Cynthia is the owner of 4 Kids Books & Toys in Zionsville, Indiana, a 2600 sq. ft. childrens store founded in 2003. She serves on the board of the American Booksellers Association, is a past president of the Great Lakes Bookseller Association, and is a former member of the American Specialty Toy Retail Association board of directors. 4 Kids was honored with the Pannell Award in 2013 and has received numerous "best of" awards in the Indianapolis area. The opinions expressed in her posts are her own, and sometimes those of her english bulldogs.

4 thoughts on “13 Reasons Why We Read, and Why We Must Talk About It

  1. Judith Robb

    Best line in the article: “They talked about the pressures in their lives, both real and imaginary.” I am female, early 70s, and a child at heart. Before reading your article, I had binge watched the series and that is what kept screaming at me–the pressures young people are experiencing–ones they cannot talk about, ones about which adults in their lives appear to be so clueless. Thank you for creating a safe place, convening this group, and sharing what happened.

    1. Cynthia Compton Post author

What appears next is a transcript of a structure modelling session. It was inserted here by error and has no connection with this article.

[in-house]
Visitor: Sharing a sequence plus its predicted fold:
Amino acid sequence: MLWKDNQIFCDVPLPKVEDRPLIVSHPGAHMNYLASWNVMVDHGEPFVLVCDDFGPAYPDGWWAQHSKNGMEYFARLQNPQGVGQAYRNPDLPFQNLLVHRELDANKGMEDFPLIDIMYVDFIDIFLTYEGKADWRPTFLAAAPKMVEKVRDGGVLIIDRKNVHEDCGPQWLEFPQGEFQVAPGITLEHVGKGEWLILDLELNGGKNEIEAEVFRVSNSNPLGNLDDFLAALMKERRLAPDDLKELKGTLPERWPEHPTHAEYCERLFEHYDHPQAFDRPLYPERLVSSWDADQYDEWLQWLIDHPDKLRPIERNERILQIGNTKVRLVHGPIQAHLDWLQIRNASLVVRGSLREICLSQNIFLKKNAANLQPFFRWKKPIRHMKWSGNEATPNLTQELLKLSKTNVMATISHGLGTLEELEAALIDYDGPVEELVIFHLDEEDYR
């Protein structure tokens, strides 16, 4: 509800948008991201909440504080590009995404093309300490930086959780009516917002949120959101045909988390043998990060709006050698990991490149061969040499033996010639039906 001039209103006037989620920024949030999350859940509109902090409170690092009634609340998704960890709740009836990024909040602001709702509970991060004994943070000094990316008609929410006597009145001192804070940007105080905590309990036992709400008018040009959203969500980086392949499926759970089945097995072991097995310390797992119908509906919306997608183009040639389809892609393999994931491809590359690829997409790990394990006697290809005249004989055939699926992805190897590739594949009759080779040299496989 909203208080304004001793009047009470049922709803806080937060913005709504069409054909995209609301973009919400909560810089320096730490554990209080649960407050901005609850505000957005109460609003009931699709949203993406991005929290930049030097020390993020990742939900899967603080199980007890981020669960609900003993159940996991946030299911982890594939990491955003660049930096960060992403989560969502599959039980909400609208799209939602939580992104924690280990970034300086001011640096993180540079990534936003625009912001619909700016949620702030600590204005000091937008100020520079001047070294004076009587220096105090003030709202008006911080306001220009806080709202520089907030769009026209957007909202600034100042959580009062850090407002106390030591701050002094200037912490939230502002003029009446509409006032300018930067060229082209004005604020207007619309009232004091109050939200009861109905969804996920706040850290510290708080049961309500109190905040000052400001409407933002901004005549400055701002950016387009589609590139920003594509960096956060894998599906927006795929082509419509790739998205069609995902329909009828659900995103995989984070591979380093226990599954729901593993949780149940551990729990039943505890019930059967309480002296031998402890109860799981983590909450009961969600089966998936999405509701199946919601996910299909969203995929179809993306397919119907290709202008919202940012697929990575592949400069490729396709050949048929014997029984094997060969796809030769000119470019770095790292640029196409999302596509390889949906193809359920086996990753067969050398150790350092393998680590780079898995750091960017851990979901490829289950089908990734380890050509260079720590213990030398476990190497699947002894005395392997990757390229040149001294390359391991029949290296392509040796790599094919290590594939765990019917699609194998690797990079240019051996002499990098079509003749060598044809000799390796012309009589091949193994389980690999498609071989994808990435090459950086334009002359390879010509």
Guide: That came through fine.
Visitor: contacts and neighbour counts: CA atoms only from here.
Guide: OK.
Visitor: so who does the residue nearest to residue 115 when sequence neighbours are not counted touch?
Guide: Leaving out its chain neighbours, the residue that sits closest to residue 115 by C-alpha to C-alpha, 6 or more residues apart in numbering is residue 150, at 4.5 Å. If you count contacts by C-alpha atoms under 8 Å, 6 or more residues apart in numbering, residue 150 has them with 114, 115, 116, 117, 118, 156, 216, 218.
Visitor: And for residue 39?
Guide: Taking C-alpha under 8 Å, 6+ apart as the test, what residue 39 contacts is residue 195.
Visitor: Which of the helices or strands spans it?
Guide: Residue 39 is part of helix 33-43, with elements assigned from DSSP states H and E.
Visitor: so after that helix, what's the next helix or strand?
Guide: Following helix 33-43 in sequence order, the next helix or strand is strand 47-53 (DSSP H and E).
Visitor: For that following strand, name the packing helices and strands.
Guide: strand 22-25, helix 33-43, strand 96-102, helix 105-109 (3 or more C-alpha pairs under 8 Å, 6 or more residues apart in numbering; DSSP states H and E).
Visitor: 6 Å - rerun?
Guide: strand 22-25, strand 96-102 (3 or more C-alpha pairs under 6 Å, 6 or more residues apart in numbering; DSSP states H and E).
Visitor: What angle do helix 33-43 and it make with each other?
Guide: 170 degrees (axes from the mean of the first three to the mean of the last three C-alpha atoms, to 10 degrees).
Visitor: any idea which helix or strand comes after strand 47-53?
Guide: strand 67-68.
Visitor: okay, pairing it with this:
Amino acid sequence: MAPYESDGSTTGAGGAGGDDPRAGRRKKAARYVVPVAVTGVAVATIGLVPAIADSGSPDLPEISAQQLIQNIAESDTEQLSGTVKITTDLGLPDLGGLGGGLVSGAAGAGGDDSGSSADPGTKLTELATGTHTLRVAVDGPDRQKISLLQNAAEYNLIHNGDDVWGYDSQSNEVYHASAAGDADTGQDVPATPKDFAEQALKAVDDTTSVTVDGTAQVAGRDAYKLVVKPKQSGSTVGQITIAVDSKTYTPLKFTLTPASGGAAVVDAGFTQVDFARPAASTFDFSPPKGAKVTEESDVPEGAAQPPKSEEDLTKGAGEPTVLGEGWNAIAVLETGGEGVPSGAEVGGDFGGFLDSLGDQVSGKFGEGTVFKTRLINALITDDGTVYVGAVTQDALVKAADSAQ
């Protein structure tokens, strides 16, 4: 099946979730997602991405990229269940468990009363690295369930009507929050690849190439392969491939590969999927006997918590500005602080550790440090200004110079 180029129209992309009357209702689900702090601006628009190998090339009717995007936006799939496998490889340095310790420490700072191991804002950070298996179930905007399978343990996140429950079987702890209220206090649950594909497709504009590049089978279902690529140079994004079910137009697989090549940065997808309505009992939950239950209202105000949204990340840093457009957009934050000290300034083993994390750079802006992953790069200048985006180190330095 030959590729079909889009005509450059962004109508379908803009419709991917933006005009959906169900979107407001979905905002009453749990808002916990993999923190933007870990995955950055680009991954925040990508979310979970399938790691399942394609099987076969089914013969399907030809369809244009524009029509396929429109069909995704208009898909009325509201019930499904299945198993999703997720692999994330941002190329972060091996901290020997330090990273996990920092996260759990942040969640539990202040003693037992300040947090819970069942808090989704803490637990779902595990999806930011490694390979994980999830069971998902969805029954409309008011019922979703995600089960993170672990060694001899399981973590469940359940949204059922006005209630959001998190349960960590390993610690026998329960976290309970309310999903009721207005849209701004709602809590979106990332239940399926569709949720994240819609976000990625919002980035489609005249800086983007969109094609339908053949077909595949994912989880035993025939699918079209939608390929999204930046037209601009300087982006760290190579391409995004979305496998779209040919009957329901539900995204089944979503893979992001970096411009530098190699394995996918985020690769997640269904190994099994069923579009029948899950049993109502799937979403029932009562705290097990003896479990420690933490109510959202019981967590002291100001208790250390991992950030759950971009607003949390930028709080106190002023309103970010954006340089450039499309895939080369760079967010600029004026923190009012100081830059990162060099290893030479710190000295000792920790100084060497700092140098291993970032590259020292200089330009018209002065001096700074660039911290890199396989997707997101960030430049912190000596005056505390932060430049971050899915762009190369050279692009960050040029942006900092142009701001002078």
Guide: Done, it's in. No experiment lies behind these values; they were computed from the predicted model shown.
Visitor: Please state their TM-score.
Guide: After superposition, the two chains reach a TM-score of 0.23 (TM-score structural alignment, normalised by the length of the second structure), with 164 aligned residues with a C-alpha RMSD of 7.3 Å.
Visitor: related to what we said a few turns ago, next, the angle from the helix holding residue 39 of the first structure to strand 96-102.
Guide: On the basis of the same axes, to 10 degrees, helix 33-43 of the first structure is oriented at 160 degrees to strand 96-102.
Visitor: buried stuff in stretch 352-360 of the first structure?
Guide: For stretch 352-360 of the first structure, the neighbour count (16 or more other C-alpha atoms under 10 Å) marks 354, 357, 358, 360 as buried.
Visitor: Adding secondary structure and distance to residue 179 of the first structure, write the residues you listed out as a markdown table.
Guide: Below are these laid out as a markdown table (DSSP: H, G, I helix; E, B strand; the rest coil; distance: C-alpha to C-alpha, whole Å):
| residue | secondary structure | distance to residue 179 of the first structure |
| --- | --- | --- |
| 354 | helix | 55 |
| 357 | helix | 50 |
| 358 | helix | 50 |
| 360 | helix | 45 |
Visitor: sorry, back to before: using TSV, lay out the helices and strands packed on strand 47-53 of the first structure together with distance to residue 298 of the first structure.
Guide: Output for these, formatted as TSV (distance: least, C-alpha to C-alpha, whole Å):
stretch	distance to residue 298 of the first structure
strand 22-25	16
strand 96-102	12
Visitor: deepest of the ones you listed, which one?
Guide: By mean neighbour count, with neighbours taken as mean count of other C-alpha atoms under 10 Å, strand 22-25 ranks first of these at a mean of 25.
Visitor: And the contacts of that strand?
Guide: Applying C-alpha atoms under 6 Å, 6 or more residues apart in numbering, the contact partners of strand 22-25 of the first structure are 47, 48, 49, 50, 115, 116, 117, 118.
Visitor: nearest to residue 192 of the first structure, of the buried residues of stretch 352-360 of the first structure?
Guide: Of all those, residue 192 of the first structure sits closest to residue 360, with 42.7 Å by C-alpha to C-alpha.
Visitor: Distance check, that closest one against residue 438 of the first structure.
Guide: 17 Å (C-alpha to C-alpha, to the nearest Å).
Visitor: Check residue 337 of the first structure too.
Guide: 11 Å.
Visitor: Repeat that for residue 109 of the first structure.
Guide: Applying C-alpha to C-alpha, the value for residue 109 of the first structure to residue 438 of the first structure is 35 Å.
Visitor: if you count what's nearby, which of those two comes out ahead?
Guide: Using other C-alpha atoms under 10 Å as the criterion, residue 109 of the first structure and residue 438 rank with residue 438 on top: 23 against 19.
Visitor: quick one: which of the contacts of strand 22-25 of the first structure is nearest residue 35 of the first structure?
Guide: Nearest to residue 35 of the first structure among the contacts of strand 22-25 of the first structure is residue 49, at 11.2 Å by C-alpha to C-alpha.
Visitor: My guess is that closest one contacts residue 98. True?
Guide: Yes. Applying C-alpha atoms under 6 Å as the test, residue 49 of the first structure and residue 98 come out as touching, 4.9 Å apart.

Thank you, Judith. Best line in your response: “…a child at heart.” #lifegoal

  2. Sue Corbett

    Great post, Cynthia, and kudos to you and your staff for hosting this. My daughter attends a high stress high school where there were three suicides in a short period of time two years ago, a grim fact which hovers over her experience there. She had not read the book and watched the whole series before even telling me. I am really conflicted about the TV series because it’s become entertainment for a lot of her (less sensitive?) peers — they are making fun of it and surely that was no one’s intention.

    1. Cynthia Compton Post author

      Sue, I empathize. My own kids’ school was rocked by two suicides. It is hard to convey, isn’t it, the combination of grief and fear that this creates among parents, faculty, and the student population. I have heard, too, some kids making jokes about the Netflix series. I take some solace in the knowledge that humor, however awkward and inappropriate, is a coping mechanism for dealing with the most terrifying things. I invite all of us to just ignore the ugly or immature response, while we wait for the real pain and questions to emerge. If we forbid or close the conversation, those entreaties may never be heard.